March 17 (UPI) -- The man accused of shooting eight people dead at three massage parlors in Atlanta was charged with murder on Wednesday.
Police captured Georgia resident Robert Aaron Long after a manhunt on Tuesday night after the attacks at the massage parlors, which occurred within a short period of time and within close proximity. Eight people were killed and a few others were injured in the shootings.
He was charged with four counts of murder and one count of aggravated assault for the shootings at Young's Asian Massage in Cherokee County, Cherokee County Sheriff's Office Capt. Jay Baker told The Hill.
Officials in Atlanta did not immediately announce charges against Long for the shootings in the other two parlors in the city.
Cherokee County Sheriff Frank Reynolds told reporters Wednesday that Long, 21, went on the shooting spree only hours after he obtained his 9mm handgun. He also said Long, who was arrested in Crisp County 150 miles south of Atlanta, has confessed to the attacks and said they were not racially motivated but admitted a sex addiction.
"During his interview, he gave no indicators that this was racially motivated," Reynolds said in a report by the Atlanta Journal Constitution. "We asked him that specifically and the answer was no."
Sex addiction played a role in the shootings, authorities added, because Long often frequented massage parlors and wanted to eradicate a behavioral habit he was trying to break.
"Yesterday was a really bad day for him and this is what he did," Cherokee County Capt. Jay Baker said in the AJC report.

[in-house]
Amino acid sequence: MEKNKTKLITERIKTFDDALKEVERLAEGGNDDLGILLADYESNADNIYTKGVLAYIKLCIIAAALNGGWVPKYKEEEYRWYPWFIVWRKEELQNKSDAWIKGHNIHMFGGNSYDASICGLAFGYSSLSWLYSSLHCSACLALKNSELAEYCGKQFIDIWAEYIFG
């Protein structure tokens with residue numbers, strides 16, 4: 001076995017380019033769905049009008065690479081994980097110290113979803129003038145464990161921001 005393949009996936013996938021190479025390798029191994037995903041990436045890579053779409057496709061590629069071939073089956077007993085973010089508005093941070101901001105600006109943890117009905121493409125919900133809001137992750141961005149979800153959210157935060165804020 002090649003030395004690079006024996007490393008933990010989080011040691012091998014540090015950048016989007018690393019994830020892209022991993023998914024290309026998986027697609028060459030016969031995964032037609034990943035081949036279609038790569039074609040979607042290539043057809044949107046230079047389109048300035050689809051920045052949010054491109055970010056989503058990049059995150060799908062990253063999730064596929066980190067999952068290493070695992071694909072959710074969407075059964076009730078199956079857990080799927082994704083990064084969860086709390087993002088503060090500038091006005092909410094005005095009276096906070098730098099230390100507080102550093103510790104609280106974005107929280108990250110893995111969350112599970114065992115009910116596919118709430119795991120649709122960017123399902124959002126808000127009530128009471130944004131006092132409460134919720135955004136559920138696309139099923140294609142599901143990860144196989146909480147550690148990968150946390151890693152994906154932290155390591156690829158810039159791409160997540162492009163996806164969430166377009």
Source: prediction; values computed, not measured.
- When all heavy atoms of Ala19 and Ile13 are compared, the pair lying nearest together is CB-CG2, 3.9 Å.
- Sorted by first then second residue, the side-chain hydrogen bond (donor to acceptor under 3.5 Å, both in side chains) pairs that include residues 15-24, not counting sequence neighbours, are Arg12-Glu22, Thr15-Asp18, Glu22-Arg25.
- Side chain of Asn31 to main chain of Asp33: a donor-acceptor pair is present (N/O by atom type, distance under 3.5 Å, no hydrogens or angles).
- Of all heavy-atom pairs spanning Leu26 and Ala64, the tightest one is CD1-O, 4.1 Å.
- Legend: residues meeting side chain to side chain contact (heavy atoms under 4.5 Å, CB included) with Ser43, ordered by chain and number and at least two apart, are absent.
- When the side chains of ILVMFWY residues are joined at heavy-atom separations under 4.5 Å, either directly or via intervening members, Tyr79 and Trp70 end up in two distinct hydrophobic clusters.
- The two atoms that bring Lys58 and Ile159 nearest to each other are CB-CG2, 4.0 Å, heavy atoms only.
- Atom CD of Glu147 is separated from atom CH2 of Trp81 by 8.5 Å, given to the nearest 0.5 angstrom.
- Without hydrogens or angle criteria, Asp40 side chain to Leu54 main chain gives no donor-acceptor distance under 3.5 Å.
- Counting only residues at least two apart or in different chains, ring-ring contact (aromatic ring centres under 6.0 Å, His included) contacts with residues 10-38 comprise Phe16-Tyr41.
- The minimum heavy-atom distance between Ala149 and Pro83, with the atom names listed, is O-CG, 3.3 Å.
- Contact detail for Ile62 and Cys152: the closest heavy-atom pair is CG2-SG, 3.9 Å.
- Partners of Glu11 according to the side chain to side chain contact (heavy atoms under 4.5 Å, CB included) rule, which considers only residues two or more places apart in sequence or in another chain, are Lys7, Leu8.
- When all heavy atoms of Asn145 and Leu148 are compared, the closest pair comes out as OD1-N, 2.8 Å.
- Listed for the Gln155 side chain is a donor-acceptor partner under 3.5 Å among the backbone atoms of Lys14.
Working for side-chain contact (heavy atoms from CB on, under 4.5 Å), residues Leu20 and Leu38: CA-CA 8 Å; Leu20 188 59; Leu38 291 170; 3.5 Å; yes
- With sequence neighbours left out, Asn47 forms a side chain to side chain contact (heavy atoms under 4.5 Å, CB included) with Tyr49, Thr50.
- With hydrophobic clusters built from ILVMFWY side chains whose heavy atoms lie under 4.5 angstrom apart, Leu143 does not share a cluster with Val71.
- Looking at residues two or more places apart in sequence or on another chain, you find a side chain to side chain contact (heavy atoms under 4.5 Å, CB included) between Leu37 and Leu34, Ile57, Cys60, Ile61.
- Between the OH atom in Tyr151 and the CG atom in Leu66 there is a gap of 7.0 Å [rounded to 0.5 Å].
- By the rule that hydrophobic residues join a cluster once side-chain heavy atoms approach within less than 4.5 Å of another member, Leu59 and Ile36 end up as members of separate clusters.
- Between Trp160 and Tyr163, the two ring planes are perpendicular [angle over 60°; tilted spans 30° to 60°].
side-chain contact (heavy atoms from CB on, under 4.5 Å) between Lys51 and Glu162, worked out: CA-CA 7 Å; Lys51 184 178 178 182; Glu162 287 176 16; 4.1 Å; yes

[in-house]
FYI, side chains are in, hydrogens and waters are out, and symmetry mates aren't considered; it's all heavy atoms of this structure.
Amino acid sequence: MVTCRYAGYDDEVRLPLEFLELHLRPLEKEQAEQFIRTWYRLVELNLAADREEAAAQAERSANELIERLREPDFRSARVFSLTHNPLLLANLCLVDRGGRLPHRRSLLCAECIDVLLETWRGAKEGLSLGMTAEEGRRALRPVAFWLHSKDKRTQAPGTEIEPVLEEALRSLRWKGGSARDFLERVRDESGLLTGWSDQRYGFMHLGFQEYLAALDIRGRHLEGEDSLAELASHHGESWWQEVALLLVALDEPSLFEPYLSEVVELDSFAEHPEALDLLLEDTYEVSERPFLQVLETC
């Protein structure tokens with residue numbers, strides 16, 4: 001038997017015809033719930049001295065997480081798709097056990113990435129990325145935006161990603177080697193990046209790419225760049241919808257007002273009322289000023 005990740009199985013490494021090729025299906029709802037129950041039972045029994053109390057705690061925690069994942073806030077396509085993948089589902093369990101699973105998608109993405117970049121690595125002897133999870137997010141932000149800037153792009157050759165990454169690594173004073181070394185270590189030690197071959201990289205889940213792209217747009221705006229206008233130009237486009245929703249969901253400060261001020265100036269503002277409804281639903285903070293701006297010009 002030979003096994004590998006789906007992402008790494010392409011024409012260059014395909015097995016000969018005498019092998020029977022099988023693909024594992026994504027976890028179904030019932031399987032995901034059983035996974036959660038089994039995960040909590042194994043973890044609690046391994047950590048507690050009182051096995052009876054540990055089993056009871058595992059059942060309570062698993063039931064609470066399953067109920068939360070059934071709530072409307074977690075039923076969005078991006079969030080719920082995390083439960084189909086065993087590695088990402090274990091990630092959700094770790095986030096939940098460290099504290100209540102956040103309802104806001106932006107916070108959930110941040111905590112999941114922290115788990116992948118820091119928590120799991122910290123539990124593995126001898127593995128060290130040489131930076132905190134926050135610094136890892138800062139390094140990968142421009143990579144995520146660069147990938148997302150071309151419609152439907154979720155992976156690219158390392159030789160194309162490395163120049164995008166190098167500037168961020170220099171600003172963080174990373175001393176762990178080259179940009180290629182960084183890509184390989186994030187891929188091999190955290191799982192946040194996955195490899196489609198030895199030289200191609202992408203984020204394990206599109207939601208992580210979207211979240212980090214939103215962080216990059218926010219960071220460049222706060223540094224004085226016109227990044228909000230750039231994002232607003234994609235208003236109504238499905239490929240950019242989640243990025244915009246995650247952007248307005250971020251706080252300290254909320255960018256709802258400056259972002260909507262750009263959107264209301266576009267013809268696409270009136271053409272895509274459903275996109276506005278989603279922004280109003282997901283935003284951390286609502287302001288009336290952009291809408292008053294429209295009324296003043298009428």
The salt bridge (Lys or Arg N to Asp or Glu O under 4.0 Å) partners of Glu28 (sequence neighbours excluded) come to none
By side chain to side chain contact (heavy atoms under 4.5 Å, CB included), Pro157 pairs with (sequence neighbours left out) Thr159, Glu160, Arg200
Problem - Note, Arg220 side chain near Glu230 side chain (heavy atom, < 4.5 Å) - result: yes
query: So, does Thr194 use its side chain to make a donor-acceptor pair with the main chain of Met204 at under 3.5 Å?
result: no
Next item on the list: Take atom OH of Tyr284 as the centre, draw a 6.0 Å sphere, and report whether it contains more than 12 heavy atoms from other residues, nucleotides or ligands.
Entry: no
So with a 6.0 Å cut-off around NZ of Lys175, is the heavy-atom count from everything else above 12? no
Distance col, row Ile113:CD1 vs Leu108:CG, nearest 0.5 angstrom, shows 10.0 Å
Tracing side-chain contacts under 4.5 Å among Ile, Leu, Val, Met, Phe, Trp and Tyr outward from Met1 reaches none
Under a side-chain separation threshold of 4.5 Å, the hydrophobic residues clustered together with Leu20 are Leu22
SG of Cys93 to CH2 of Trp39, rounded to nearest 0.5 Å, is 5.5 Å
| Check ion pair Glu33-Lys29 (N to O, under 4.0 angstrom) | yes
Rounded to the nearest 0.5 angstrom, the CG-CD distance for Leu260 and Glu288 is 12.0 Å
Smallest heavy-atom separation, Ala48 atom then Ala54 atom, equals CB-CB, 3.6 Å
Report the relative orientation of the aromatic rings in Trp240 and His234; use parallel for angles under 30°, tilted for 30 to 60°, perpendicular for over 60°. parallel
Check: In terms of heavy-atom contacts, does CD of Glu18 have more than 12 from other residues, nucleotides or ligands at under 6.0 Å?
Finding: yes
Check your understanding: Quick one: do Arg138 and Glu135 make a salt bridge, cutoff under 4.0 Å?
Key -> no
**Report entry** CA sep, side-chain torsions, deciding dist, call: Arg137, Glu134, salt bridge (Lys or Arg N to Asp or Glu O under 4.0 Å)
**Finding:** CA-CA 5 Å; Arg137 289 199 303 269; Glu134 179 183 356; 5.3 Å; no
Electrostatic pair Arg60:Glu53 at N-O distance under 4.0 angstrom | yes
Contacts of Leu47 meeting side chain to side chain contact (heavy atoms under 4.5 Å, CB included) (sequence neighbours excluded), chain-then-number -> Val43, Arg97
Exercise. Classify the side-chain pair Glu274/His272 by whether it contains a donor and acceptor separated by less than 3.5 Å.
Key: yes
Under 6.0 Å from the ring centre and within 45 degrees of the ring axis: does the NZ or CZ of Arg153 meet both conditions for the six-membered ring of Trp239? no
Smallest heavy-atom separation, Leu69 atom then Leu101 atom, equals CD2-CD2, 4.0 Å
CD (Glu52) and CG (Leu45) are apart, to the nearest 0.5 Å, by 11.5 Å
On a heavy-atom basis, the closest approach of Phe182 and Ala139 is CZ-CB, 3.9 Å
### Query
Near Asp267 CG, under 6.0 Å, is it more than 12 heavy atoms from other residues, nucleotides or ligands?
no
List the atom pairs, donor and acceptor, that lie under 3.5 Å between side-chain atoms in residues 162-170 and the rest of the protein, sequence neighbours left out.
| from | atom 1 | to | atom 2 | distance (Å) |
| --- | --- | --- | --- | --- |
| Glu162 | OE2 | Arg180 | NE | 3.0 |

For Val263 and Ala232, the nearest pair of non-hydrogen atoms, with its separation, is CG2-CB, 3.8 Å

"He made indicators that he has some issues, potentially sexual addiction, and may have frequented some of these places in the past. We still have a lot of things to process."
Long is scheduled to be arraigned on murder charges Thursday. It wasn't immediately known whether the handgun used in the crimes was obtained legally.
The Cherokee County Sheriff's Office identified four of the victims Wednesday who were shot at the parlor in Acworth, Ga. -- Delaina Ashley Yaun, 33; Xiaojie Yan, 49; Daoyou Feng, 44; and Paul Andre Michels, 54. Another person who was injured in the shooting there was listed in stable condition.
Six of the eight victims were of Asian descent and seven were women, details that spurred speculation that the attacks may be related to a wave of violence against Asian Americans in the United States over the past year related to the COVID-19 pandemic. Former President Donald Trump often refers to the coronavirus as the "China virus," and has even called it "Kung Flu," simply because it was first observed in Wuhan, China.
President Joe Biden has been in contact Wednesday with U.S. Attorney General Merrick Garland and FBI Director Christopher Wray about the attacks. The bureau is involved in the investigation, as it may represent a hate crime.
"The question of motivation is still to be determined, but whatever the motivation here I know that Asian Americans are very concerned, because as you know I've been speaking about the brutality against Asian Americans for the last couple of months and I think it is very troubling," Biden told reporters at the White House on Wednesday.
"I'm making no connection at this moment to the motivation of the killer, and waiting for an answer as the investigation proceeds from the FBI and from the Justice Department. I'll have more to say when [that's done]."
"It is tragic. Our country, the president and I and all of us, we grieve for those lost," Vice President Kamala Harris told reporters. "This speaks to a larger issue, which is the issue of violence in our country and what we must do to never tolerate it and to always speak out against it.
"But I do want to say to our Asian American community that we stand with you and understand how this has frightened and shocked and outraged all people."
At a ministerial security conference in South Korea on Wednesday, Secretary of State Antony Blinken denounced the shootings and said that such attacks have no place in the United States or any other nation.